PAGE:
Conjuring up his childhood in Combray, Proust’s narrator recalls that at the top of his house, “in the little room that smelt of orris-root,” he looked out through the half-opened window and

with the heroic misgivings of a traveller setting out on a voyage of exploration or of a desperate wretch hesitating on the verge of self-destruction, faint with emotion, I explored, across the bounds of my own experience, an untrodden path which for all I knew was deadly—until the moment when a natural trail like that left by a snail smeared the leaves of the flowering currant that drooped around me.

For this brief moment in Swann’s Way (1913), it is as if we had reentered the cultural world that Laqueur chronicles so richly, the world in which solitary sex was a rash voyage away beyond the frontiers of the natural order, a headlong plunge into a realm of danger and self-destruction. Then, with the glimpse of the snail’s trail, the landscape resumes its ordinary, everyday form, and the seemingly untrodden path is disclosed—as so often in Proust—to be exceedingly familiar.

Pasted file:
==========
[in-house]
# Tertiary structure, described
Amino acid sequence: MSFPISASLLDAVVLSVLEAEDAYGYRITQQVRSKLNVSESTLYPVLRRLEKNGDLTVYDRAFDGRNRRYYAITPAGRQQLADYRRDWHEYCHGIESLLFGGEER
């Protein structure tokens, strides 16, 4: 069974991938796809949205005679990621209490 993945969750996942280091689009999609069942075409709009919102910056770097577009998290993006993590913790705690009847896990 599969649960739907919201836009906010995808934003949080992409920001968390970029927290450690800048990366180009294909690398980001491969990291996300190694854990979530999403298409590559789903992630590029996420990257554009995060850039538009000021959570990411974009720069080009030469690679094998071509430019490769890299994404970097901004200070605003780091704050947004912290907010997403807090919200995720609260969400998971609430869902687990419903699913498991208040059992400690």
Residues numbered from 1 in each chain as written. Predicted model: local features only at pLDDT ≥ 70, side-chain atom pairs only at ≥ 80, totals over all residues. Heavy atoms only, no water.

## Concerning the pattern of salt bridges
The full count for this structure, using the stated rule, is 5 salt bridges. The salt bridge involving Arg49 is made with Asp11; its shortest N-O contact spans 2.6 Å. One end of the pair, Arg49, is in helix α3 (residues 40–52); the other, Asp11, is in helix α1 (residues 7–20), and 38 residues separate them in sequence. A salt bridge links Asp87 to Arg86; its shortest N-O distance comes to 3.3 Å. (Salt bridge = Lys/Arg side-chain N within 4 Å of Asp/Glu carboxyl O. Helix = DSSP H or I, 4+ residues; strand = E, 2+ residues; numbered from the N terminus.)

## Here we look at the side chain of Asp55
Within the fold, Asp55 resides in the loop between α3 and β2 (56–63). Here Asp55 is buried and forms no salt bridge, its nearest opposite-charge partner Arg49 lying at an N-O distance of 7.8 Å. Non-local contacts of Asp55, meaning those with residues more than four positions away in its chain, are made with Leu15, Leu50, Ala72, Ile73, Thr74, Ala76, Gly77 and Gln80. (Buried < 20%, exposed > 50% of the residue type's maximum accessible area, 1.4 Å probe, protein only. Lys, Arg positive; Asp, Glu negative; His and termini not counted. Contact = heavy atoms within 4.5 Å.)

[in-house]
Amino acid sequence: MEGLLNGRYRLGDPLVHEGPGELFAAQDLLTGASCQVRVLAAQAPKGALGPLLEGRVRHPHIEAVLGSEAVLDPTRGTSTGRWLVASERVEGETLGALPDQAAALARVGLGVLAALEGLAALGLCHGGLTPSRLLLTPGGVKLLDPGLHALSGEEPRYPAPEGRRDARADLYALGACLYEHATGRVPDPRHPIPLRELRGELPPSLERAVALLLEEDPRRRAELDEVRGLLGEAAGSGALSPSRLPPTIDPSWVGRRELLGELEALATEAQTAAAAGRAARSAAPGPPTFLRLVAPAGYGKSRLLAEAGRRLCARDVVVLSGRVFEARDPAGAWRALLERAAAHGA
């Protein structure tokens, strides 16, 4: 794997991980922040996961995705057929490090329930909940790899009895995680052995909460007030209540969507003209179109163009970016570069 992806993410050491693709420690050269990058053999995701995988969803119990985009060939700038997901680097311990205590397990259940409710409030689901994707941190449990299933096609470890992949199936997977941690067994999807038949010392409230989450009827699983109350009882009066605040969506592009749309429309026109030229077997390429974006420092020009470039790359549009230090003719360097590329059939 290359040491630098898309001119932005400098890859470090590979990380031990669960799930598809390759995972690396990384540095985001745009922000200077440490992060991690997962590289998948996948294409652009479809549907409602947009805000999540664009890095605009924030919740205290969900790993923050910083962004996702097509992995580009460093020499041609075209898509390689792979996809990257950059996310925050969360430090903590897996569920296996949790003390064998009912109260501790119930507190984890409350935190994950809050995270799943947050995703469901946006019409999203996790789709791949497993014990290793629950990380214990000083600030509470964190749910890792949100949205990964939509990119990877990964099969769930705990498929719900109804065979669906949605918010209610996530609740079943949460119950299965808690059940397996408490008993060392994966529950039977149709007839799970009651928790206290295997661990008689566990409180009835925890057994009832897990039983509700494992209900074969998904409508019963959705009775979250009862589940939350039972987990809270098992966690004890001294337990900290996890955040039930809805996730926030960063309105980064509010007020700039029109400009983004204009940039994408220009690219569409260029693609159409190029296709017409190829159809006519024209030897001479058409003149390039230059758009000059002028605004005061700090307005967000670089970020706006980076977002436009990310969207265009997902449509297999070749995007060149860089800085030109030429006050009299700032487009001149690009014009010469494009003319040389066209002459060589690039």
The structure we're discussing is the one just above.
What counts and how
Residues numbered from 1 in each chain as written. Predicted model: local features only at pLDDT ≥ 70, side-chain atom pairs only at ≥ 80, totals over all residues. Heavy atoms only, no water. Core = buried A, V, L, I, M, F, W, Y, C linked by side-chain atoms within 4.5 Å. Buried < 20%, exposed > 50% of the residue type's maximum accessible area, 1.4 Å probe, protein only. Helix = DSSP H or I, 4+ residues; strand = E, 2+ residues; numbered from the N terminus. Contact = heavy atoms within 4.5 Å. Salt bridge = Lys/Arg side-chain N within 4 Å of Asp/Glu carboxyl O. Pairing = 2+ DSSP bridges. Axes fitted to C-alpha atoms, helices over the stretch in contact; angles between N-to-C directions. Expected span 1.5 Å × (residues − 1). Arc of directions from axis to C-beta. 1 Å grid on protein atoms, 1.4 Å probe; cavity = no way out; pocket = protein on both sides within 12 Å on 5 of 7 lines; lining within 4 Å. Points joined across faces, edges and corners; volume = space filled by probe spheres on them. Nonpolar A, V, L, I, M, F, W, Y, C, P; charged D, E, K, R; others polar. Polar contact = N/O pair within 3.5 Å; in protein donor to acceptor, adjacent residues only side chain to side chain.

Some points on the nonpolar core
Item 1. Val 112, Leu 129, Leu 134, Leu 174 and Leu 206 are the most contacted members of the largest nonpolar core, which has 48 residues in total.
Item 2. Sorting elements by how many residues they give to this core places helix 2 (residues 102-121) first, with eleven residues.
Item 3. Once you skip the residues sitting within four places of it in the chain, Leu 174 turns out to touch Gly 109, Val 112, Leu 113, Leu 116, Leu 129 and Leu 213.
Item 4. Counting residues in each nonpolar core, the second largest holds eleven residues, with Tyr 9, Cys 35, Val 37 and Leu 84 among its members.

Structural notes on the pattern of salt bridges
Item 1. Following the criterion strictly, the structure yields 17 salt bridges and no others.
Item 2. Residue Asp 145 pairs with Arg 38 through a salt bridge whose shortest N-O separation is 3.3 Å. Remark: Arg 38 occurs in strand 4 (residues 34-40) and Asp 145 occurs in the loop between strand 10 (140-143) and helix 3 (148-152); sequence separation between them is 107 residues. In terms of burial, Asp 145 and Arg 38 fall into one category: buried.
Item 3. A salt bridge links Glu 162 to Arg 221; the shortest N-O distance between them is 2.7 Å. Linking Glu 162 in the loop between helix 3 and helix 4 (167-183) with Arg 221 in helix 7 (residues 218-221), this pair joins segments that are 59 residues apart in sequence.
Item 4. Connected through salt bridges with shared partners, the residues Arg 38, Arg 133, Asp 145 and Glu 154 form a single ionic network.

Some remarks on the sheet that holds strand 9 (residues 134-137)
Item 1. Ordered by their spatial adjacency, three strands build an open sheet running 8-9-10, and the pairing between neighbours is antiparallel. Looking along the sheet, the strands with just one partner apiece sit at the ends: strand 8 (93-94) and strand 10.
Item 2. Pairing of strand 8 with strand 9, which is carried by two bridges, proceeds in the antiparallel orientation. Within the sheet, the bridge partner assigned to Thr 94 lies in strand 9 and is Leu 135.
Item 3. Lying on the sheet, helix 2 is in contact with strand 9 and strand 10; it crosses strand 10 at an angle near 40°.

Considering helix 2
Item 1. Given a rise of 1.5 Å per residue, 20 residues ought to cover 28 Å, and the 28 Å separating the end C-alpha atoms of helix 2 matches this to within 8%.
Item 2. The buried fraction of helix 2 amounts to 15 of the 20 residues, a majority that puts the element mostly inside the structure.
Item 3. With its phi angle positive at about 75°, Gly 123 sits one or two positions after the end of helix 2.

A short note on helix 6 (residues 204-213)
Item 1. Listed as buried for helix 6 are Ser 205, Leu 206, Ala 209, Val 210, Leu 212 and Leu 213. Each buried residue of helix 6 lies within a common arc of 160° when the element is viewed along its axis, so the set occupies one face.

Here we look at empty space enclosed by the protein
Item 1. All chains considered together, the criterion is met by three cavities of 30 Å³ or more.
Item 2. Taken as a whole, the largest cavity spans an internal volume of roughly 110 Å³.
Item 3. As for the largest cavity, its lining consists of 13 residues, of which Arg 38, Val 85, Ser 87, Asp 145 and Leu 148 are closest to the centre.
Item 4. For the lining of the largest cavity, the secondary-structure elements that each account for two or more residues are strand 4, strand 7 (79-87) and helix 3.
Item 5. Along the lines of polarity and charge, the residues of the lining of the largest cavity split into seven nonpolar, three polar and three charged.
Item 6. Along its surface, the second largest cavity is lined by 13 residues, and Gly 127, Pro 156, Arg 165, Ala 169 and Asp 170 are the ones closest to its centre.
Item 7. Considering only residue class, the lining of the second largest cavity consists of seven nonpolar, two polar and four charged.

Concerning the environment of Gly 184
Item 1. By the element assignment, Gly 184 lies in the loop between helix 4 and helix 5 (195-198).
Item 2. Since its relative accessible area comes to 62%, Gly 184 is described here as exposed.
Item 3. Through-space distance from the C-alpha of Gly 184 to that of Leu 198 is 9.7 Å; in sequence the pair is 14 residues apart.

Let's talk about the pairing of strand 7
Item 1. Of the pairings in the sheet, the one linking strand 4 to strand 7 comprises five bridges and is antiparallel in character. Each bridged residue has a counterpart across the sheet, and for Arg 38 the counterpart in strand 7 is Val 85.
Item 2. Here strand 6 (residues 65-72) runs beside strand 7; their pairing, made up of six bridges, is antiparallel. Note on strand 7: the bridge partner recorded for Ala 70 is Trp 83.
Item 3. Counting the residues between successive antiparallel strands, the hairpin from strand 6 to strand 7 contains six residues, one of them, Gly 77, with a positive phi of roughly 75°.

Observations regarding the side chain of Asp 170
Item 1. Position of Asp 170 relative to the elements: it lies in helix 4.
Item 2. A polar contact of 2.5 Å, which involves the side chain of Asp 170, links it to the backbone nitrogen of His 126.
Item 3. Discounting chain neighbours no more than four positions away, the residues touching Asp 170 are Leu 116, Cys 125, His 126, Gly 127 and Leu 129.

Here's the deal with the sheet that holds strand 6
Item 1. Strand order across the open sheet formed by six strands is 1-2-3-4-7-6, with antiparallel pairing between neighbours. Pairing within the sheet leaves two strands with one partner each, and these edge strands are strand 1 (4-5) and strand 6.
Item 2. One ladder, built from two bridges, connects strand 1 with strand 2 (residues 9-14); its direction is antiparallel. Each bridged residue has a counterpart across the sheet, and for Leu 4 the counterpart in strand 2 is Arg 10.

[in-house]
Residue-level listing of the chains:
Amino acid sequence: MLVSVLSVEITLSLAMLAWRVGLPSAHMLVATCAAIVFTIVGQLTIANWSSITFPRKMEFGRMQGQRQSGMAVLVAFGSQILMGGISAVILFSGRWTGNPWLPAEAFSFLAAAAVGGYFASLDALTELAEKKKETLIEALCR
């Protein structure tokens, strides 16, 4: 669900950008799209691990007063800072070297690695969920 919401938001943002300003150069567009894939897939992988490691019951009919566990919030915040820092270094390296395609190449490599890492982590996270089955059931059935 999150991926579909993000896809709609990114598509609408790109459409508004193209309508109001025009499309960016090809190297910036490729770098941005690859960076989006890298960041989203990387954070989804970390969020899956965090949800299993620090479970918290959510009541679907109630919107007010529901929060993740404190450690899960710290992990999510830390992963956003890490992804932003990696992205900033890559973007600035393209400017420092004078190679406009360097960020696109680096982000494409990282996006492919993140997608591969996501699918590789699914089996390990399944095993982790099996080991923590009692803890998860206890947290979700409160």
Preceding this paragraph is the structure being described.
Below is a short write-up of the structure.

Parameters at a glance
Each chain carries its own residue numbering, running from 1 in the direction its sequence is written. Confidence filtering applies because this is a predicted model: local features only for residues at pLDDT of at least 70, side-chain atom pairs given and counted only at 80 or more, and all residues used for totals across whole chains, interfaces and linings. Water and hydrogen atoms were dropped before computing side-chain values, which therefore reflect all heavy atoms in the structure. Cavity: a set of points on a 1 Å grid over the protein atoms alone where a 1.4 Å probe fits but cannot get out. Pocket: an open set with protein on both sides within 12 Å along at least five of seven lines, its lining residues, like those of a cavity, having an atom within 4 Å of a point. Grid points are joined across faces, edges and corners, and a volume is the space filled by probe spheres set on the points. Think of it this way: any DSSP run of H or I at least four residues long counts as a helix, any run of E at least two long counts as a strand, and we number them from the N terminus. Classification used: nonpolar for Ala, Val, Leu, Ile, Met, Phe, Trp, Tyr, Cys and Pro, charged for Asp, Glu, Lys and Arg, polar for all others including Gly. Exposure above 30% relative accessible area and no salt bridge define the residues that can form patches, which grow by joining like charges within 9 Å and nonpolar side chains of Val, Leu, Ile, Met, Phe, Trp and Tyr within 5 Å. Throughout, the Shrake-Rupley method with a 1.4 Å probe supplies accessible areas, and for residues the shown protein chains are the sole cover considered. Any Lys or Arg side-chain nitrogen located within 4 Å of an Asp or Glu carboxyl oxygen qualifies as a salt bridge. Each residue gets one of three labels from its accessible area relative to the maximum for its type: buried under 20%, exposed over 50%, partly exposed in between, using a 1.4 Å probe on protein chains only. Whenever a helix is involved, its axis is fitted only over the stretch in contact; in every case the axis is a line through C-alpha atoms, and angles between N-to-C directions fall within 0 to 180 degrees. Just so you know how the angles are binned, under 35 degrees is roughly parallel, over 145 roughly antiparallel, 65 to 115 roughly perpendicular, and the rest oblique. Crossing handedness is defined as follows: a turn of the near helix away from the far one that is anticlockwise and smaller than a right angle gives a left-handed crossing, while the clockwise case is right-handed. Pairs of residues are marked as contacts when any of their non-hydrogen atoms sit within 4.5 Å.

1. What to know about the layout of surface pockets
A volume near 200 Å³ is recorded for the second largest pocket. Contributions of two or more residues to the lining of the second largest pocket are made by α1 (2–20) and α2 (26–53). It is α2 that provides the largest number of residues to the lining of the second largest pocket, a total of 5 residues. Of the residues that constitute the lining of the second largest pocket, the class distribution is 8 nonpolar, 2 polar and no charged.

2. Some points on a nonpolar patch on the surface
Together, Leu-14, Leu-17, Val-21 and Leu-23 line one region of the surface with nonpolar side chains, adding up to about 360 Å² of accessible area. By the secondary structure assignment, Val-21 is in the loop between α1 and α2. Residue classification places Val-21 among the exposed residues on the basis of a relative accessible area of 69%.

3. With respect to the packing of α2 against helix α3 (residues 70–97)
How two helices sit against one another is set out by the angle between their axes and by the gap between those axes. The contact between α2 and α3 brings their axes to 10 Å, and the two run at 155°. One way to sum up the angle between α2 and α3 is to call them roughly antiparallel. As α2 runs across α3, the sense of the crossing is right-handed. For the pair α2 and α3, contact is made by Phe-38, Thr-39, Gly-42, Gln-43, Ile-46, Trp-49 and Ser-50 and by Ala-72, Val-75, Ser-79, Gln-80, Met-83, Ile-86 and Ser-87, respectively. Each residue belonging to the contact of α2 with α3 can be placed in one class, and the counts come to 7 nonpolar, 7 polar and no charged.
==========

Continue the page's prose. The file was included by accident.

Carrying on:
Proust does not encourage us to exaggerate the significance of masturbation—it is only one small, adolescent step in the slow fashioning of the writer’s vocation. Still, Laqueur’s courageous cultural history (and it took courage, even now, to write this book) makes it abundantly clear why for Proust—and for ourselves—the celebration of the imagination has to include a place for solitary sex.

The Hi-Tech Mess of Higher Education by David Bromwich | The New York Review of Books

The Hi-Tech Mess of Higher Education by David Bromwich | The New York Review of Books.